REPRESENT698 | JACK PAROW | Q & A | Flat base decoded
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What do you love about the Represent698 campaign?

I like the vibe – I think the idea of seeing life through the eyes of someone else is pretty cool. I’m mos obviously, like, a massive PUMA fan and I love the R698 Trinomics. I’ve been with PUMA for very long and because I’m very active, but still need style on stage and stuff, I love that they’ve combined really cool prints and colours with a sports technology sole. That kind of combination is so rad.

For instance, I have a knee problem, so I wear a knee brace on stage and it’s so nice that the Trinomic technology in these sneakers help with that. Since I’ve been playing gigs with Trinomics on, I’ve had less knee problems. Before that jumping and landing was always so hard on my knees. Now with this, it’s changed it so much.

Some shock absorption is always a good thing…

Ja, Ja…

You mentioned you’ve been with PUMA for a very long time – How long have you had your relationship with the brand?

Geez… Like seven years I think… Seven or eight years, ja. I’ve been with them from the start of my career. They actually started sponsoring me before I was even famous or whatever. So, ja, I’ve been with them for very long and I really, really love them. Many others have tried to poach me, but I always tell them to stuff off. I’m very loyal and very heavy when it comes to loyalty, especially when it comes to brands that have supported me for so long.

In terms of brand association – What attracts you to teaming up with PUMA?

With the current state of the music industry in South Africa and the world it’s become so important to have brands that really believe in you and that can help you do cool shit. You might not be selling the same amount of albums you were before because piracy has kind of taken over – So, it’s really cool to have a brand like PUMA that believes in me and is always keen to do stuff with me and support me.

How do you Represent in your everyday life and what does it mean to you to actually Represent who you are?

I think I’m just myself. I think my character on stage is just a more embellished version of who I am. It’s important to be yourself and never try to change or pay too much attention to what people say. You’ve got to stay true to your own thoughts and beliefs.

When I started out, everyone said that I was crazy and that it would never work and that there was no chance. I just said, ‘%^&* it – I like it and if no one else likes it, then at least I like it’. I think that’s the important thing in everything you do. I obviously can attest to that in the musical sense, but like, if you’re selling out to make pop music it might work, but 95% of the time it doesn’t work.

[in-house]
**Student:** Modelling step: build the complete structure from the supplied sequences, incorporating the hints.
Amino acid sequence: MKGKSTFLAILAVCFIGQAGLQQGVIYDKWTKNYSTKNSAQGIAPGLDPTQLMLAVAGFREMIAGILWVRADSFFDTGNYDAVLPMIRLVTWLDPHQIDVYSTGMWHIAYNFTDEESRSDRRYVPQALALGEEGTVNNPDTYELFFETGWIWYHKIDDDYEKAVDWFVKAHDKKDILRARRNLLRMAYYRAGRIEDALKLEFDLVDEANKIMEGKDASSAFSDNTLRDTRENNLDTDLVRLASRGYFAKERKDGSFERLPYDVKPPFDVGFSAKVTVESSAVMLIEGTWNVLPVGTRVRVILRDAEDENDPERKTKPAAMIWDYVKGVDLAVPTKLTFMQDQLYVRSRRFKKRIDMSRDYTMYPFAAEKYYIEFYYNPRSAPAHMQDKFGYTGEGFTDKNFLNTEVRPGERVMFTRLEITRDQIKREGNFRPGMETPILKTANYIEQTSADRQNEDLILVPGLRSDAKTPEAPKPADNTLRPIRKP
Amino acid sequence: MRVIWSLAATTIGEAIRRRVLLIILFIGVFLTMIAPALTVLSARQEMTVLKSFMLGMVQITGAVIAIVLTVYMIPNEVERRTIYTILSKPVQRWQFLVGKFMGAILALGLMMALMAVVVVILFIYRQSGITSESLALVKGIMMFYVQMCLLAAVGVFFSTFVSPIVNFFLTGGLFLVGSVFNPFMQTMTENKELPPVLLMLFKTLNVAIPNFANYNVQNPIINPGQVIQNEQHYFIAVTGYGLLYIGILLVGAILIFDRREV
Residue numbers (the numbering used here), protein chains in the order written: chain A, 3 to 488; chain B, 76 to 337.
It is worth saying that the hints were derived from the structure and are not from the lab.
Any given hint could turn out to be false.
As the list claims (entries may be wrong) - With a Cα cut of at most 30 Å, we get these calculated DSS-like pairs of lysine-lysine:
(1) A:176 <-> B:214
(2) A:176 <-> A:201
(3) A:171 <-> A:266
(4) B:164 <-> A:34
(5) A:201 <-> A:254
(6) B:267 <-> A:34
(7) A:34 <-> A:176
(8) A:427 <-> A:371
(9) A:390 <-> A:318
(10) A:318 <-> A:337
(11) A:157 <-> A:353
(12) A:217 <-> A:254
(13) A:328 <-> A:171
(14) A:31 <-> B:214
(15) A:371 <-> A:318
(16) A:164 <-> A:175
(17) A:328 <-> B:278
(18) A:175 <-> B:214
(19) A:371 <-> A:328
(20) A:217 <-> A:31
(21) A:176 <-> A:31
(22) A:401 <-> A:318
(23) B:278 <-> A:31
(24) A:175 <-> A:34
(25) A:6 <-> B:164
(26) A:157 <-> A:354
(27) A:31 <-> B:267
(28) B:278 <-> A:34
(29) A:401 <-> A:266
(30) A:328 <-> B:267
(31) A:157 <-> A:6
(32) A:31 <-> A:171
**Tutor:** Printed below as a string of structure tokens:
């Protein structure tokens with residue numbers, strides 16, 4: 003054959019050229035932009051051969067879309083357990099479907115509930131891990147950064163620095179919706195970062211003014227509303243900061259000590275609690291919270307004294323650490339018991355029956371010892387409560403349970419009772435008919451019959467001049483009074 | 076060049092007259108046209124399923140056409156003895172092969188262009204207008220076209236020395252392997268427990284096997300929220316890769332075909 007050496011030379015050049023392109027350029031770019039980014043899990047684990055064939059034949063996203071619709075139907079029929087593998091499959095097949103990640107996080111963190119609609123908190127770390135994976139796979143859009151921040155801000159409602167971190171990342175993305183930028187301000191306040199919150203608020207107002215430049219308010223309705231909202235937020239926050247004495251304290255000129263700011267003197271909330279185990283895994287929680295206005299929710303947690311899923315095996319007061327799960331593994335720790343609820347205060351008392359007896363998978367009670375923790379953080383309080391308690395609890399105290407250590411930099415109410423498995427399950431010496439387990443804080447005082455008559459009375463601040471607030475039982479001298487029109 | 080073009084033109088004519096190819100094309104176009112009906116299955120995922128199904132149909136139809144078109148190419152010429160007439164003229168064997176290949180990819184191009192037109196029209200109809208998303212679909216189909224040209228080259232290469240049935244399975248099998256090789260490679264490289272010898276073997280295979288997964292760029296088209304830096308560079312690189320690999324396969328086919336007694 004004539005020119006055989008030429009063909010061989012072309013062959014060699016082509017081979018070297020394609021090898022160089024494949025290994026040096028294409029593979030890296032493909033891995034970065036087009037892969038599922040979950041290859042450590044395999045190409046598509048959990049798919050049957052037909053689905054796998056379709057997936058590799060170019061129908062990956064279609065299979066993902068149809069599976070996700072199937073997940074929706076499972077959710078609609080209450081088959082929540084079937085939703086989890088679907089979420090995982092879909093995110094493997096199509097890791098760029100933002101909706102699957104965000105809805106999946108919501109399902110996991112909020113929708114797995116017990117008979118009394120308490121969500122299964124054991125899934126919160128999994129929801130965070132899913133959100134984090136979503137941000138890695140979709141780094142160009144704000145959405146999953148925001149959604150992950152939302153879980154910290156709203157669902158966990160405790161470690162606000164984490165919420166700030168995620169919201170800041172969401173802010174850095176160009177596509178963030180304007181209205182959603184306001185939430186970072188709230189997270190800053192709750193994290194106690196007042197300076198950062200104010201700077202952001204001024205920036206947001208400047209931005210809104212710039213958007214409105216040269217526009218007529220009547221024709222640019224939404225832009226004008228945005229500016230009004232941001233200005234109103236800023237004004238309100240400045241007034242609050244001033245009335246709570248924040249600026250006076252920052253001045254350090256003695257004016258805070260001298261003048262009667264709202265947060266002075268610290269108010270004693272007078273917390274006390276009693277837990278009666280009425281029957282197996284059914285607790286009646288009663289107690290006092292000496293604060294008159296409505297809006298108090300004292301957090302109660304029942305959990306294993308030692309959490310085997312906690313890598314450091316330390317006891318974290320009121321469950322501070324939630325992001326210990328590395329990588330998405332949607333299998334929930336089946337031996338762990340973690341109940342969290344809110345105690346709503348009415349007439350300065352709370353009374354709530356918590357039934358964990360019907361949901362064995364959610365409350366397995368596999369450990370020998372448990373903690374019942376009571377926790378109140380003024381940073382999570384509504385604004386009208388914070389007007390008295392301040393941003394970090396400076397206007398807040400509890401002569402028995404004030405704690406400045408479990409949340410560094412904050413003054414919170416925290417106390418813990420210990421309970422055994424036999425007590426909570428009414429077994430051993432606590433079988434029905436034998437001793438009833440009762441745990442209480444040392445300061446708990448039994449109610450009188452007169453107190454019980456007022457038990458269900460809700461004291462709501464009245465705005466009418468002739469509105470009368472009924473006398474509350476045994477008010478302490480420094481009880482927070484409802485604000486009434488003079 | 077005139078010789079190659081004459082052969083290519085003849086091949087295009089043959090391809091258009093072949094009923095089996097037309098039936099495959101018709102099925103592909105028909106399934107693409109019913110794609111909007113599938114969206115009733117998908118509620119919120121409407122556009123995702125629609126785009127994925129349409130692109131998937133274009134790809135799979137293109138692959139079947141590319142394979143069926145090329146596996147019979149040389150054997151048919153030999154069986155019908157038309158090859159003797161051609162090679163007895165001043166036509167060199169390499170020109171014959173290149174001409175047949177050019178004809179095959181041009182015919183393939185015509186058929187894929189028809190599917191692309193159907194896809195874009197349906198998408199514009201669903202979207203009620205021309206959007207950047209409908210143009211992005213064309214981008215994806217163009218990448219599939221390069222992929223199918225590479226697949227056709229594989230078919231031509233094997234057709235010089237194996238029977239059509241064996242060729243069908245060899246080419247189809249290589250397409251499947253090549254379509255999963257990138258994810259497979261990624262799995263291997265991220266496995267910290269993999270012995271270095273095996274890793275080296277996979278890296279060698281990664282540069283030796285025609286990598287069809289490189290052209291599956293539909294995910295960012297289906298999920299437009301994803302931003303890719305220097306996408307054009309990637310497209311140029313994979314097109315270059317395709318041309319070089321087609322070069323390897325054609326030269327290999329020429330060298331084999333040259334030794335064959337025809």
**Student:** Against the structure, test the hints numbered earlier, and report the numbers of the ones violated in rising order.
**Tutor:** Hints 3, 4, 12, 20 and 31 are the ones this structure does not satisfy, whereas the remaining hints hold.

I’d rather try and fail with something I believe in than try and fail with something that I don’t believe in. I don’t want to end up thinking stuff like, ‘&^*% maybe I should have just stuck to the way I thought I should have done it.’ I’m very heavy about that… Sticking to what I believe in, no matter what other people say. It’s an important thing in life.

The problem with adjusting who you are to fit a trend, is that trends always change…

…And you see that all the time: People that just try and jump up on trends the whole time. It’s such a faltering and iffy kind of way of looking at life. Trends are so iffy. The one day it’s here and the next it’s gone and if you’re jumping on that it will never be a long lasting thing.

That’s why people I love and admire are guys like David Kramer and Koos Kombuis. They’ve been making music forever and they’ve stuck to their guns. That’s why to this day, they can play shows and sell them out. They’ve stuck to their guns and stuck to their style – People sense and get attracted to that automatically. That’s what makes it so cool.

You worked with Paul Ward on the video for Never Gonna Grow Up and again for the Represent698 shoot – You must be digging his work.

Me and Paul? Ag, he’s just a bit irritating and he follows me everywhere the whole time. I was like, ‘$%^& let me just be nice to him, shame.’ Nah, me and Paul have done, like, three videos together already. He did P.A.R.T.Y. and a %$#* load of photos obviously… Press photos and show photos. He was in Holland with me for Stuck in Limbo and he was doing behind the scenes stuff on Never Gonna Grow Up. He’s my favourite photographer – I always go back to him. He’s got a good eye and he just captures things really nicely. Everything he does, even like quick things, quick cuts and quick edits, always ends up on point with my style. You need someone who captures and kind of fits with your style. Paul just captures who I am and I think that’s why I like working with him so much.

What does the rest of the year have in store for you?

I’m dropping a book now, like an autobiography – With all my lyrics and stories of the road and all that kind of stuff. I’m really excited about that. It’s with Penguin Books, which is really an honour. In South Africa they don’t really put a Penguin label on just about anything. To actually have that penguin on my book is, like, cool for me. I’m really stoked about that.

I’ll also do another single towards the end of the year. I’m kind of basing this year more on testing the waters with singles and stuff. As I said before, with album sales as they are it just doesn’t make monetary sense to drop a whole album at the moment. Ag, and then also some touring in the UK, Europe and locally.

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